Gone, Baby, Gone (Patrick Kenzie and Angela Gennaro Series #4)

Gone, Baby, Gone (Patrick Kenzie and Angela Gennaro Series #4)

by Dennis Lehane

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Overview

“Powerful and raw, harrowing, and unsentimental.”

Washington Post Book World

 

“Chilling, completely credible….[An] absolutely gripping story.”

Chicago Tribune

 

“Mr. Lehane delivers big time.”
Wall Street Journal

 

In Gone, Baby, Gone, the master of the new noir, New York Times bestselling author Dennis Lehane (Mystic River, Shutter Island), vividly captures the complex beauty and darkness of working-class Boston. A gripping, deeply evocative thriller about the devastating secrets surrounding a little girl lost, featuring the popular detective team of Patrick Kenzie and Angela Gennaro, Gone, Baby, Gone was the basis for the critically acclaimed motion picture directed by Ben Affleck and starring Casey Affleck, Ed Harris, and Morgan Freeman.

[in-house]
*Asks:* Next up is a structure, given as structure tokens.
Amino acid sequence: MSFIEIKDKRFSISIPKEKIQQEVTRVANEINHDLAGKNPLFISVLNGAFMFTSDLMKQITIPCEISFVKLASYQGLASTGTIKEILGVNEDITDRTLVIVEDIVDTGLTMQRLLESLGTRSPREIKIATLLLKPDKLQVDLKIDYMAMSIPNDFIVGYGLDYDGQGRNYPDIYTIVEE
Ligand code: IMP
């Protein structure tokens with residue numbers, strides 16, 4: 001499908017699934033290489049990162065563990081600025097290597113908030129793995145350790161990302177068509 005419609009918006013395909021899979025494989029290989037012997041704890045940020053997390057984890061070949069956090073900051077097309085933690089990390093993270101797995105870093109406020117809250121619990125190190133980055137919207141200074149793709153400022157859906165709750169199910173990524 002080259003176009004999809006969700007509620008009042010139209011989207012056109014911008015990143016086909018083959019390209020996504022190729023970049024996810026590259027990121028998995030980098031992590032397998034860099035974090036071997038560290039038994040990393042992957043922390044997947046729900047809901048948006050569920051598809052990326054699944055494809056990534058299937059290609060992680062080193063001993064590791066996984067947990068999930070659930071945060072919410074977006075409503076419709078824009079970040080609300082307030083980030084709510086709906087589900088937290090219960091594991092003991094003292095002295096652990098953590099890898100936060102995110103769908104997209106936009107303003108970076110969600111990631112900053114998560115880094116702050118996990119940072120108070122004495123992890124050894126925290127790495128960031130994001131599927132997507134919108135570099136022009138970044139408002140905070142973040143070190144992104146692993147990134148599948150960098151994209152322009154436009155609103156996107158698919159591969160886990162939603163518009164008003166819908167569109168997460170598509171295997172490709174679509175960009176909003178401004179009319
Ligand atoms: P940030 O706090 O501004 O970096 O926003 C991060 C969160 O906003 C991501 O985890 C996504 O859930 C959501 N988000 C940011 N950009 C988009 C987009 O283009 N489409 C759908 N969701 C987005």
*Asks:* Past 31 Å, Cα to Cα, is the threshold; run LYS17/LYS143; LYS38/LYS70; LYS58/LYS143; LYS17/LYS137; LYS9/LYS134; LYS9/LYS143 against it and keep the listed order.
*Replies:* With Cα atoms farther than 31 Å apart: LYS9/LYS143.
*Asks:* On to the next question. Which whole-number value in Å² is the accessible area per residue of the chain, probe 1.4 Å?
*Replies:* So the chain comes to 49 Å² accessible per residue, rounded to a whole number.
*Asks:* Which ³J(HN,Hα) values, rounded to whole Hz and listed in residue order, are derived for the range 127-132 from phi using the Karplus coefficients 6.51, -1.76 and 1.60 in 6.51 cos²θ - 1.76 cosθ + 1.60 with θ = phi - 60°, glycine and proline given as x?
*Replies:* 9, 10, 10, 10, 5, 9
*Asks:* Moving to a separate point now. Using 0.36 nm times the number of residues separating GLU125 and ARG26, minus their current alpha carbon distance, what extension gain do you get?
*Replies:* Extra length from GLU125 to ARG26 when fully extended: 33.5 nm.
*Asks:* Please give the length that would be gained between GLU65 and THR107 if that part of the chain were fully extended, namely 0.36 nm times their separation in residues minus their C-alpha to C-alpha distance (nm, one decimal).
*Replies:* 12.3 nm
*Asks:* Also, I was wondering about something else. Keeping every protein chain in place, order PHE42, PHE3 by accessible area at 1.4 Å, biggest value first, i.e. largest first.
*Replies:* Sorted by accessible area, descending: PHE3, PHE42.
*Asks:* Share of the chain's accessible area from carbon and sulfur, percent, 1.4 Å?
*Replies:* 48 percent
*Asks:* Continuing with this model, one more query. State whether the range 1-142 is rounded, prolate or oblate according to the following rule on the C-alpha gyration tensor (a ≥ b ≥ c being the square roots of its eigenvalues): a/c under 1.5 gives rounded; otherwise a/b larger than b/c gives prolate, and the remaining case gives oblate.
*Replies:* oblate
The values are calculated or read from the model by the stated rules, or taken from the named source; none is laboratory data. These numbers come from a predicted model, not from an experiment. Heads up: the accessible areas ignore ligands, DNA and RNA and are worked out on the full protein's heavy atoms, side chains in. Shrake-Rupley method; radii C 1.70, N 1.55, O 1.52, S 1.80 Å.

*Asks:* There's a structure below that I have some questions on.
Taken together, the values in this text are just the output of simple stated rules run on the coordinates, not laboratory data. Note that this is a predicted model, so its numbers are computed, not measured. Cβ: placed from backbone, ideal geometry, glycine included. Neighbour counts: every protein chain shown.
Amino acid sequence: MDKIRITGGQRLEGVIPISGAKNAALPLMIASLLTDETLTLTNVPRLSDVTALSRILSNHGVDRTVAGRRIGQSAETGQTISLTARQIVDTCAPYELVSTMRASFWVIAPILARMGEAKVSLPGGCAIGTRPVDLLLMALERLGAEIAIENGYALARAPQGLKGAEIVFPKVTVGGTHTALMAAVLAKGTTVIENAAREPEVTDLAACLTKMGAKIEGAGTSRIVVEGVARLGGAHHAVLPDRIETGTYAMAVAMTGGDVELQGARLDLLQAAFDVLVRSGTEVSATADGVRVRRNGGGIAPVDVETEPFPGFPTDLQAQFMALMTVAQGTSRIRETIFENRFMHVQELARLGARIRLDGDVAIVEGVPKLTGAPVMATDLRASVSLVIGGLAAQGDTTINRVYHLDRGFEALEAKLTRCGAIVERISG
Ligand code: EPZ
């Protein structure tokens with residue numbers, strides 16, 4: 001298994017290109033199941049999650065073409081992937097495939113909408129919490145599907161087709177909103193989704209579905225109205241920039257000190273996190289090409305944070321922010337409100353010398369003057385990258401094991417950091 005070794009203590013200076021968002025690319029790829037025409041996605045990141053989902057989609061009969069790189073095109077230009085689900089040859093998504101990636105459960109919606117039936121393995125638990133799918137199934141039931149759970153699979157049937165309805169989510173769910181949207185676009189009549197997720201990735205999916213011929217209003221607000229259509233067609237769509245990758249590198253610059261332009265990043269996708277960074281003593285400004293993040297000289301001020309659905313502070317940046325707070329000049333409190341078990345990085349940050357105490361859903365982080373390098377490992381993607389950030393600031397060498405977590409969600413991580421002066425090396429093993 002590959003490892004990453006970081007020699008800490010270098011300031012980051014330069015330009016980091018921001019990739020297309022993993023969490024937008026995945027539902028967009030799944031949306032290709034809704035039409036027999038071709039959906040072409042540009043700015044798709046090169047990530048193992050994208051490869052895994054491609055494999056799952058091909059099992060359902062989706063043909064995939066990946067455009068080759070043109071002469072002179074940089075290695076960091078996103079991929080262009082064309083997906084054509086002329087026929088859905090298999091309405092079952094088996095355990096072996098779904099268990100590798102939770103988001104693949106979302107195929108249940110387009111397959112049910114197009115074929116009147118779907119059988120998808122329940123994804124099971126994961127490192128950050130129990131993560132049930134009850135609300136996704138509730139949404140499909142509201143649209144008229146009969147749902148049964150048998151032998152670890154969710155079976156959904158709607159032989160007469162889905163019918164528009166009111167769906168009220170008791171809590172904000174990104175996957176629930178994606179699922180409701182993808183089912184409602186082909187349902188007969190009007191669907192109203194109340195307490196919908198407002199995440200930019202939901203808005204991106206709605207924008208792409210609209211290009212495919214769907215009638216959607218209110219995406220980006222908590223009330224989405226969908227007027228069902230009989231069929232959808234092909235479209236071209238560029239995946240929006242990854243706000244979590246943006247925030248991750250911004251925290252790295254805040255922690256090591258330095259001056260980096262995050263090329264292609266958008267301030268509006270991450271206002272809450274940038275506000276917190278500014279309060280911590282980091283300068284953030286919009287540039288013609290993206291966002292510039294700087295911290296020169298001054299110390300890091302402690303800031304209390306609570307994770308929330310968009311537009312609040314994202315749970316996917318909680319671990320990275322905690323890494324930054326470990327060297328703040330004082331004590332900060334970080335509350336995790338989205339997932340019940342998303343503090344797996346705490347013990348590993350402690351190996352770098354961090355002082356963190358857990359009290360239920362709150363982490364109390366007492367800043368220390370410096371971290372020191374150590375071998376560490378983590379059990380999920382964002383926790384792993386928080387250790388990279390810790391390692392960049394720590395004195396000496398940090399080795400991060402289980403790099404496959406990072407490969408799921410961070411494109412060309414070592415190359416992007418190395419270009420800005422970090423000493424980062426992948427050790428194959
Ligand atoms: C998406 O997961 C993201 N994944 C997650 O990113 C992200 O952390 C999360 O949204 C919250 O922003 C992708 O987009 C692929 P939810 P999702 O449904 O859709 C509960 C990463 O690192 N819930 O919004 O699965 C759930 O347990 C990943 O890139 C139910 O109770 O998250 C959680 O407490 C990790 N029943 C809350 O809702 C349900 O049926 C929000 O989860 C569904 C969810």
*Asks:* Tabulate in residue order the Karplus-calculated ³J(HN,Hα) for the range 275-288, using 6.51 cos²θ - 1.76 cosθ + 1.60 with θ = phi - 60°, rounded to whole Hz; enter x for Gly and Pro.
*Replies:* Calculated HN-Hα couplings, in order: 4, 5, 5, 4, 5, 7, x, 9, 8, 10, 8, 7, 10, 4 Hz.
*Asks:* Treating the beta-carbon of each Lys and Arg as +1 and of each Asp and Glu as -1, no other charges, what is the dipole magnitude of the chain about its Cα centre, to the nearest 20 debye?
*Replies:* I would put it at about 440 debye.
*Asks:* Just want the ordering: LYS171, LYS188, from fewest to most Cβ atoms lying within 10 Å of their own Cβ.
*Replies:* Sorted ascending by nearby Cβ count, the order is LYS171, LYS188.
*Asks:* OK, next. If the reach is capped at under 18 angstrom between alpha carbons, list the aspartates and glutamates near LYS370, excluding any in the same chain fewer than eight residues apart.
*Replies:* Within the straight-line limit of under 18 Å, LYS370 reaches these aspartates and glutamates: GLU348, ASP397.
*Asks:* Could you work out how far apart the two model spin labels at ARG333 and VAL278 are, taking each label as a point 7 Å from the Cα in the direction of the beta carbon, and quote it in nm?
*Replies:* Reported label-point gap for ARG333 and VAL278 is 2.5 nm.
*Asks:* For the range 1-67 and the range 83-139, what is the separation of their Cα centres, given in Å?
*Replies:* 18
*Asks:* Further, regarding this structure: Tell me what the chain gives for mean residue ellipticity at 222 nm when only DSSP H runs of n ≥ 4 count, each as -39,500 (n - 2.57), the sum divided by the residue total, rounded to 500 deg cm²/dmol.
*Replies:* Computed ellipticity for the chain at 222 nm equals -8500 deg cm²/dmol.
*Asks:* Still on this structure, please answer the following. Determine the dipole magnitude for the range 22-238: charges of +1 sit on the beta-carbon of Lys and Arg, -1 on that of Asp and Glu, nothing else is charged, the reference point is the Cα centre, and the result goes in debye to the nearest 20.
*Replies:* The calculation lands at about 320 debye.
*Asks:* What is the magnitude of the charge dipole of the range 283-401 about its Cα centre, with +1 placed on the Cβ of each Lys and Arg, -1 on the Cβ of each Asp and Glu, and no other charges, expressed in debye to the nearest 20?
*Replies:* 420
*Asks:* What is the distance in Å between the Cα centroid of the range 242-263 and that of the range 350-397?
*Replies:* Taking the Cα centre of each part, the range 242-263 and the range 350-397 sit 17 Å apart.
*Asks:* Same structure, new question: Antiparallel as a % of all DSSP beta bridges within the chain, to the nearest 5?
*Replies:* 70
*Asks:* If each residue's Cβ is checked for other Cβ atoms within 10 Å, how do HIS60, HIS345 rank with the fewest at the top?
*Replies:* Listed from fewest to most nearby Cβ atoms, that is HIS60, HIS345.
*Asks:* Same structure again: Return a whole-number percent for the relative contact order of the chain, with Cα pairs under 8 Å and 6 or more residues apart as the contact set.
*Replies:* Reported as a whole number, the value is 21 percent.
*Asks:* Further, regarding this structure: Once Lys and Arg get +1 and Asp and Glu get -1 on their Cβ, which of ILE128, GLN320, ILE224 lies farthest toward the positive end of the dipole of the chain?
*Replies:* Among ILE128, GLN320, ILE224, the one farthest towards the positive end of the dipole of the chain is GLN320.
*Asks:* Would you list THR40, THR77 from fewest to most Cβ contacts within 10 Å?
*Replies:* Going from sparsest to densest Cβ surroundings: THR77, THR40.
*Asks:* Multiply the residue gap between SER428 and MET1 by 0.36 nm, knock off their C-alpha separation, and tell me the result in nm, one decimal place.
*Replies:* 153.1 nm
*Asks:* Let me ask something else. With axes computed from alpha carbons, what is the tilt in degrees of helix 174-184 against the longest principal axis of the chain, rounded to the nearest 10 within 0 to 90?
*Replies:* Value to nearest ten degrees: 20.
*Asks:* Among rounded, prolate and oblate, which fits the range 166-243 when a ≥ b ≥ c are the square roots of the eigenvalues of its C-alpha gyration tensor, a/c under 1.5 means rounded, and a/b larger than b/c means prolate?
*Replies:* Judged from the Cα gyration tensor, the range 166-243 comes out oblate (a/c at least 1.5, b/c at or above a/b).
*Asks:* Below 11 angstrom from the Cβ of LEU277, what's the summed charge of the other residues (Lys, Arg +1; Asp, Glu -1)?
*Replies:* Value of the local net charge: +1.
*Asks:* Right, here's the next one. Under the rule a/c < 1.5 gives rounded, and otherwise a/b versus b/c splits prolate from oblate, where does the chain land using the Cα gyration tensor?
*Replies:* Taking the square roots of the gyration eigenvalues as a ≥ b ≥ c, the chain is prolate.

Product Details

ISBN-13: 9780061336218
Publisher: HarperCollins Publishers
Publication date: 09/07/2010
Series: Patrick Kenzie and Angela Gennaro Series , #4
Edition description: Reissue
Pages: 412
Sales rank: 106,933
Product dimensions: 5.20(w) x 7.80(h) x 1.20(d)

About the Author

Dennis Lehane is the author of ten previous novels—including the New York Times bestsellers Live by Night; Moonlight Mile; Gone, Baby, Gone; Mystic River; Shutter Island; and The Given Day—as well as Coronado, a collection of short stories and a play. He lives in California with his family.

Hometown:

Boston, Massachusetts

Date of Birth:

August 4, 1965

Place of Birth:

Dorchester, Massachusetts

Education:

B.A., Eckerd College, 1988; M.F.A., Florida International University, 1993